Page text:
UH averts draining of funds
By Diana Leone
Advertiser Staff Writer
The University of Hawai'i community and its supporters beat back a legislative proposal to move $59 million this week from UH special funds to the state's general fund.
Senate Bill 2695, proposed House Draft 1, cited the state's "extraordinary fiscal circumstances" as reason to move $96 million in "excess balances" from a variety of UH, Transportation Department and Health Department special funds to help balance the 2009-10 fiscal year budget.
The House Finance Committee on Tuesday morning trimmed its proposed cut to $2 million from the UH housing assistance revolving fund and to $5 million from the other state departments.
It was the first legislative attempt to "sweep" money from the university's tuition special fund, which consists of tuition payments from students, UH spokesman Gregg Takayama said.
Last year the Legislature successfully swept $5 million from the UH's research and training fund, Takayama said. But there have been no attempts by the Legislature to take money from UH special funds on the scale proposed earlier this week in the past five years — if ever, he said.
UH students, faculty, administrators and former regents submitted 150 pages of written testimony criticizing the proposed taking of special UH funds. A hardy handful stayed until 2 a.m. Tuesday to present oral testimony.
UH-Manoa Chancellor Virginia Hinshaw publicly thanked supporters for their efforts in an e-mail Tuesday — but warned that the battle to protect UH from further cuts will continue until the end of the session.
UH special funds saved from the chopping block included: $20 million from tuition and fees; $15 million from cancer research; $11 million to provide collateral for bond issues; and $10 million for research and training.
For the current fiscal year, which ends June 30, UH was given $98 million less in state general fund money than it asked for, UH President M.R.C. Greenwood said in her nine-page testimony regarding SB 2695.
For the entire UH system — the flagship Manoa campus, plus UH-Hilo, UH-West O'ahu and seven community colleges — budget cuts already in place have resulted in 370 fewer faculty and 9 percent fewer classes, plus service reductions such as reduced library hours, fewer counselors, fewer student workers and fewer community outreach programs.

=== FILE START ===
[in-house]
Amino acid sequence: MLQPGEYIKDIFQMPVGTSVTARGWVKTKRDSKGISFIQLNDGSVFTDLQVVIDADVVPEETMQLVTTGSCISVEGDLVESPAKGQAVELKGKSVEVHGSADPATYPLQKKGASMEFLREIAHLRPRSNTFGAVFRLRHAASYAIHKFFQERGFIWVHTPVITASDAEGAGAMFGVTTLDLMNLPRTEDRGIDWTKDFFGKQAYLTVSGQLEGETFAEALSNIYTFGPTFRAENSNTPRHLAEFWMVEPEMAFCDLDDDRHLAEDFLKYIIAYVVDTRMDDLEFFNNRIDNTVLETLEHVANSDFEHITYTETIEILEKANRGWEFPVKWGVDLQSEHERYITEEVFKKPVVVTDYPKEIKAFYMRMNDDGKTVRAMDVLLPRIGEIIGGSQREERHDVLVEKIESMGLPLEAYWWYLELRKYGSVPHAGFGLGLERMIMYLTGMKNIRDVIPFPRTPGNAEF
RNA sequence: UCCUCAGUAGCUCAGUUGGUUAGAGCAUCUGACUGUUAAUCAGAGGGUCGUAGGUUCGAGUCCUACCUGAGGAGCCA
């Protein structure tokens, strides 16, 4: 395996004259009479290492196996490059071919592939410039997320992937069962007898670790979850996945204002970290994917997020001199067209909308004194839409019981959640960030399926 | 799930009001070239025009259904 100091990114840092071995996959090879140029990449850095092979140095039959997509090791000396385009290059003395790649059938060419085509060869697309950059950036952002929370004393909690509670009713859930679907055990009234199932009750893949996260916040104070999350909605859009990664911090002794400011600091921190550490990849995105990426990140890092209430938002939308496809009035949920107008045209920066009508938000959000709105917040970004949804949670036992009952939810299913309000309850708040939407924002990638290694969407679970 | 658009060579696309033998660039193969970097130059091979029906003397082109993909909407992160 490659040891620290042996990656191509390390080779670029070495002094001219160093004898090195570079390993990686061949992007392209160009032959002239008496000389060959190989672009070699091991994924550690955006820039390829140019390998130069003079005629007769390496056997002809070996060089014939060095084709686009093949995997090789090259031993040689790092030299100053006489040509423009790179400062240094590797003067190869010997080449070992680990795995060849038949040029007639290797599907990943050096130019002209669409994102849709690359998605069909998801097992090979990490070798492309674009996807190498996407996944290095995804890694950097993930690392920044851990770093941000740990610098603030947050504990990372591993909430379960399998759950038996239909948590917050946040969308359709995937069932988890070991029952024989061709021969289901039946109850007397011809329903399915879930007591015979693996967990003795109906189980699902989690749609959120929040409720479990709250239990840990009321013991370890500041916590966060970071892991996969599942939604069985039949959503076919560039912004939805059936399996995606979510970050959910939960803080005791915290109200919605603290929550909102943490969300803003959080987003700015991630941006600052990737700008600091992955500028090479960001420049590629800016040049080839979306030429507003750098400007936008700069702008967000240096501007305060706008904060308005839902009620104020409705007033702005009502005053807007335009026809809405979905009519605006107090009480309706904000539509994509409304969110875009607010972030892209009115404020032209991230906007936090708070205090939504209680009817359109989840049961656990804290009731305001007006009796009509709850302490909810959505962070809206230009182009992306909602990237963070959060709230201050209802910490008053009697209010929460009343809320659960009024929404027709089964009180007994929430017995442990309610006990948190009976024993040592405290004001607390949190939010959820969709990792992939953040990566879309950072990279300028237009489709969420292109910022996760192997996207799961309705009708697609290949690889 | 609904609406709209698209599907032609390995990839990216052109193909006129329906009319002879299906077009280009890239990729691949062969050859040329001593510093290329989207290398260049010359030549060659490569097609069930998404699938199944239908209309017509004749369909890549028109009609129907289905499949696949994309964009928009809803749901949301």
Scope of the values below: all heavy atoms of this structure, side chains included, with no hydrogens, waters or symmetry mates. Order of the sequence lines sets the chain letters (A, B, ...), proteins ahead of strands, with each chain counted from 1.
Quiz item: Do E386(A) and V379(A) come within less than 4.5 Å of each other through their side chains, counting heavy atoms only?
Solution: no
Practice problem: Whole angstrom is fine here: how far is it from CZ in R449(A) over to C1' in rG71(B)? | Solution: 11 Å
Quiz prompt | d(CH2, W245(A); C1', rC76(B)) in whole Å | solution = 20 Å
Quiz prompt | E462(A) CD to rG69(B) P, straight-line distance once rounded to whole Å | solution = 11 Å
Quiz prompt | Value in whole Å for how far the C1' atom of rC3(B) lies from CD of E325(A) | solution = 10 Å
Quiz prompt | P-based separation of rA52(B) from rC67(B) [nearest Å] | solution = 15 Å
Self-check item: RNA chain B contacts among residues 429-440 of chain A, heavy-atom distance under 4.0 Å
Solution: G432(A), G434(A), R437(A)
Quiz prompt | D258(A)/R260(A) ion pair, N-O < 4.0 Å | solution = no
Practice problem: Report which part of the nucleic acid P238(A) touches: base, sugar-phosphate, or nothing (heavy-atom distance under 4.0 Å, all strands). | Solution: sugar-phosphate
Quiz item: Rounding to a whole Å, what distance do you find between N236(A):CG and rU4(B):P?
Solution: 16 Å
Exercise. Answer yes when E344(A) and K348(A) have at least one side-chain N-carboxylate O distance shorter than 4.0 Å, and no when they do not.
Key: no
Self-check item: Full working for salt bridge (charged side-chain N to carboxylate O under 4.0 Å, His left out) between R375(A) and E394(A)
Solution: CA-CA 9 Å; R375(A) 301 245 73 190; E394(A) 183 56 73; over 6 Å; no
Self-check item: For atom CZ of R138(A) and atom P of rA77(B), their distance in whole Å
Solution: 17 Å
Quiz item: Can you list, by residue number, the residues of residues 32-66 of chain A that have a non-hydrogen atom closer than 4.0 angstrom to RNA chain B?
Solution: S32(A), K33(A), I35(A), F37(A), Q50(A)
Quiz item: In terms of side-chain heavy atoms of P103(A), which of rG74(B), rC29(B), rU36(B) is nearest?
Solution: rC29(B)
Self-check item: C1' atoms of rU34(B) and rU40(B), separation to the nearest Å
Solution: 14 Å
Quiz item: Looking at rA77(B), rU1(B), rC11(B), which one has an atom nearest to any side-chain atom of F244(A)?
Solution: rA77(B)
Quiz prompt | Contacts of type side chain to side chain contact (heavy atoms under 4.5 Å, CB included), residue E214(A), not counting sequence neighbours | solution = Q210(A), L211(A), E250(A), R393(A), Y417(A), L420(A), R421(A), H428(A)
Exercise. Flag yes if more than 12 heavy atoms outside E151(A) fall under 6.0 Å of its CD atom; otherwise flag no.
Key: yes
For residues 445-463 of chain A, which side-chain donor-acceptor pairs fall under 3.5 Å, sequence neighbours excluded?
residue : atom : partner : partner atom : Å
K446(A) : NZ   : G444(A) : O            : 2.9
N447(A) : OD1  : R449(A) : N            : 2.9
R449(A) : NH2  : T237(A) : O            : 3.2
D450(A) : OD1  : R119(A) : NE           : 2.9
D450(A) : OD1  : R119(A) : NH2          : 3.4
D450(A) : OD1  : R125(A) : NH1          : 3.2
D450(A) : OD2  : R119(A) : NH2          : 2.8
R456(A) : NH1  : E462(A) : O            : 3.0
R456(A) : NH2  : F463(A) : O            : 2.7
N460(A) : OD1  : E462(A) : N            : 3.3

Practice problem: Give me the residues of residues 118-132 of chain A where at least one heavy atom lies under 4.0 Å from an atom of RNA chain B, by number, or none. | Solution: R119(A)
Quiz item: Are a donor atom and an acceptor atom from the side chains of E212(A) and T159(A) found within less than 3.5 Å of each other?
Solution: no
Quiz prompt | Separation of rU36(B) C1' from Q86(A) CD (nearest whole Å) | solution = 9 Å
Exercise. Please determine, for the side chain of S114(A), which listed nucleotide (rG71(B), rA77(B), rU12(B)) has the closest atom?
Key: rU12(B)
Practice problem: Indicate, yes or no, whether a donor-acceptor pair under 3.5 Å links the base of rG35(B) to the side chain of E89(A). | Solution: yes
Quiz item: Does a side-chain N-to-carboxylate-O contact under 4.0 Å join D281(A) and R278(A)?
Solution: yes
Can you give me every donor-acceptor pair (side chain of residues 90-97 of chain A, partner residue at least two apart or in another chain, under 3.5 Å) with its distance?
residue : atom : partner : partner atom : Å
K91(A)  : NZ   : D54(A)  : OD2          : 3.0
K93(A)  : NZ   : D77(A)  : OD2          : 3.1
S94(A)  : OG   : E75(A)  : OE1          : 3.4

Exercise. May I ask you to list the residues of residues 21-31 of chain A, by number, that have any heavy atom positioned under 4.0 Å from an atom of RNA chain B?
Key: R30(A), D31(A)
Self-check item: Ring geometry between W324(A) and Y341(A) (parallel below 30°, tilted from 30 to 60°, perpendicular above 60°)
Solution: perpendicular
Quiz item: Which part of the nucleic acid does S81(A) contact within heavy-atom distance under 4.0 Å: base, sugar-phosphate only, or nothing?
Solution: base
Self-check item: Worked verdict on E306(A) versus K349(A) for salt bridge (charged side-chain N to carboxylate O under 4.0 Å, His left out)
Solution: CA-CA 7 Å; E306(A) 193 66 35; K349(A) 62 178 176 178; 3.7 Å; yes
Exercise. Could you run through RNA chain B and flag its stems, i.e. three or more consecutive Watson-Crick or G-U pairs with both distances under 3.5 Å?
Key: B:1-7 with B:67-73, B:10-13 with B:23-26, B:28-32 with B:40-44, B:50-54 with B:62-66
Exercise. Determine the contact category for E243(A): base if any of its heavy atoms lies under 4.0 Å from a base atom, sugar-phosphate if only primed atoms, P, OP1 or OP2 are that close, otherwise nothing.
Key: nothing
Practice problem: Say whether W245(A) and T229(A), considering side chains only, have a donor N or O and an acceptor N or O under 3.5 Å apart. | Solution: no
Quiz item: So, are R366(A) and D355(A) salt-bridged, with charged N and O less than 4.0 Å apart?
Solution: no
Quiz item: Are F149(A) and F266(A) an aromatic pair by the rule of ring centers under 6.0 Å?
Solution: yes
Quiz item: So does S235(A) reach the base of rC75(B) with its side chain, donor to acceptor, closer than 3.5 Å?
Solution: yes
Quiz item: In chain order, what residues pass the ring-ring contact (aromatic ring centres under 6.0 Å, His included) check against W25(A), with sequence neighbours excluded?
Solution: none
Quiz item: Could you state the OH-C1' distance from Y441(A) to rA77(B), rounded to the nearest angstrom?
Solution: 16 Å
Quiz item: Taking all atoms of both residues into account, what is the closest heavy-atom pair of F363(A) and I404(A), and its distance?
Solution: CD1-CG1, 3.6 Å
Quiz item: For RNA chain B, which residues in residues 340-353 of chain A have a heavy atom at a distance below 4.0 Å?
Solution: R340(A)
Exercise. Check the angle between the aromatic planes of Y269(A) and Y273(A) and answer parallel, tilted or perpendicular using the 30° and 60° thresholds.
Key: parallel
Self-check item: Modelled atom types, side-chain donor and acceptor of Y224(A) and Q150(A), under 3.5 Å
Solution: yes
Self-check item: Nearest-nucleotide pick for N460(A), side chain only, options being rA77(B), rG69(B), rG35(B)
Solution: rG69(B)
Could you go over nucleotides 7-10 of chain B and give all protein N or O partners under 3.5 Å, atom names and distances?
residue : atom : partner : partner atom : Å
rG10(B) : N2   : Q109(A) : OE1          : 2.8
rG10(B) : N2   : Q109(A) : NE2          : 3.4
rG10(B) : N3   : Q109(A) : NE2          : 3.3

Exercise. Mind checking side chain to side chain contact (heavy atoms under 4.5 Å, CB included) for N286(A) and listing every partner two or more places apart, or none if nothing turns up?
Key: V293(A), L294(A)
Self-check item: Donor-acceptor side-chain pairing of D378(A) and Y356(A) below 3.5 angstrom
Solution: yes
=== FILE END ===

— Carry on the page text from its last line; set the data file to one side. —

House Finance Committee chairman Marcus Oshiro said he understands that UH took a hit — but so has every other state department.
Oshiro said lawmakers' look at special funds was their attempt to find solutions to the state's projected $1.2 billion budget shortfall for the two years ending June 2011.
Oshiro noted that special funds make up about half of the state's $10 billion budget.
"At first glance, we'd like to believe we can adjust the budget shortfall by draining special revolving funds," Oshiro said. Testimony from the UH and other state officials made clear where there are restrictions on special funds, or cases where the funds are used to match private or federal funds, he said.
For the next fiscal year, Hinshaw is still calling on UH supporters to oppose a $10 million cut in general fund appropriations to the UH system in HB 2200. That's in addition to the House budget bill giving the university $100 million less than it asked for, she said.
But Oshiro sees the expected $358 million in state general funds going to UH as being fair in the context of the current economy, he said.
If the UH can afford a six-year contract agreement with the faculty union that includes pay cut restoration in years two and three and raises in years five and six, "I think they can absorb a $10 million cut," Oshiro said.
Among the testimony opposing cuts to UH's special funds were comments from Nelson Batalion of Kaua'i. He wrote that student services are serious concerns for students of modest means. As the first in his family to get a college education, "if it wasn't for the Kaua'i Community College Learning Center/Library, as well the computer centers located around campus, I wouldn't have made it," he said.
UH oceanography professor David Karl pointed out how research special funds helped establish the Hawai'i Ocean Time project in 1988 — a project that "has helped to put UH at Manoa on the map, at least in the field of ocean sciences."
Investing in research is part of what makes the UH thrive and grow, he said.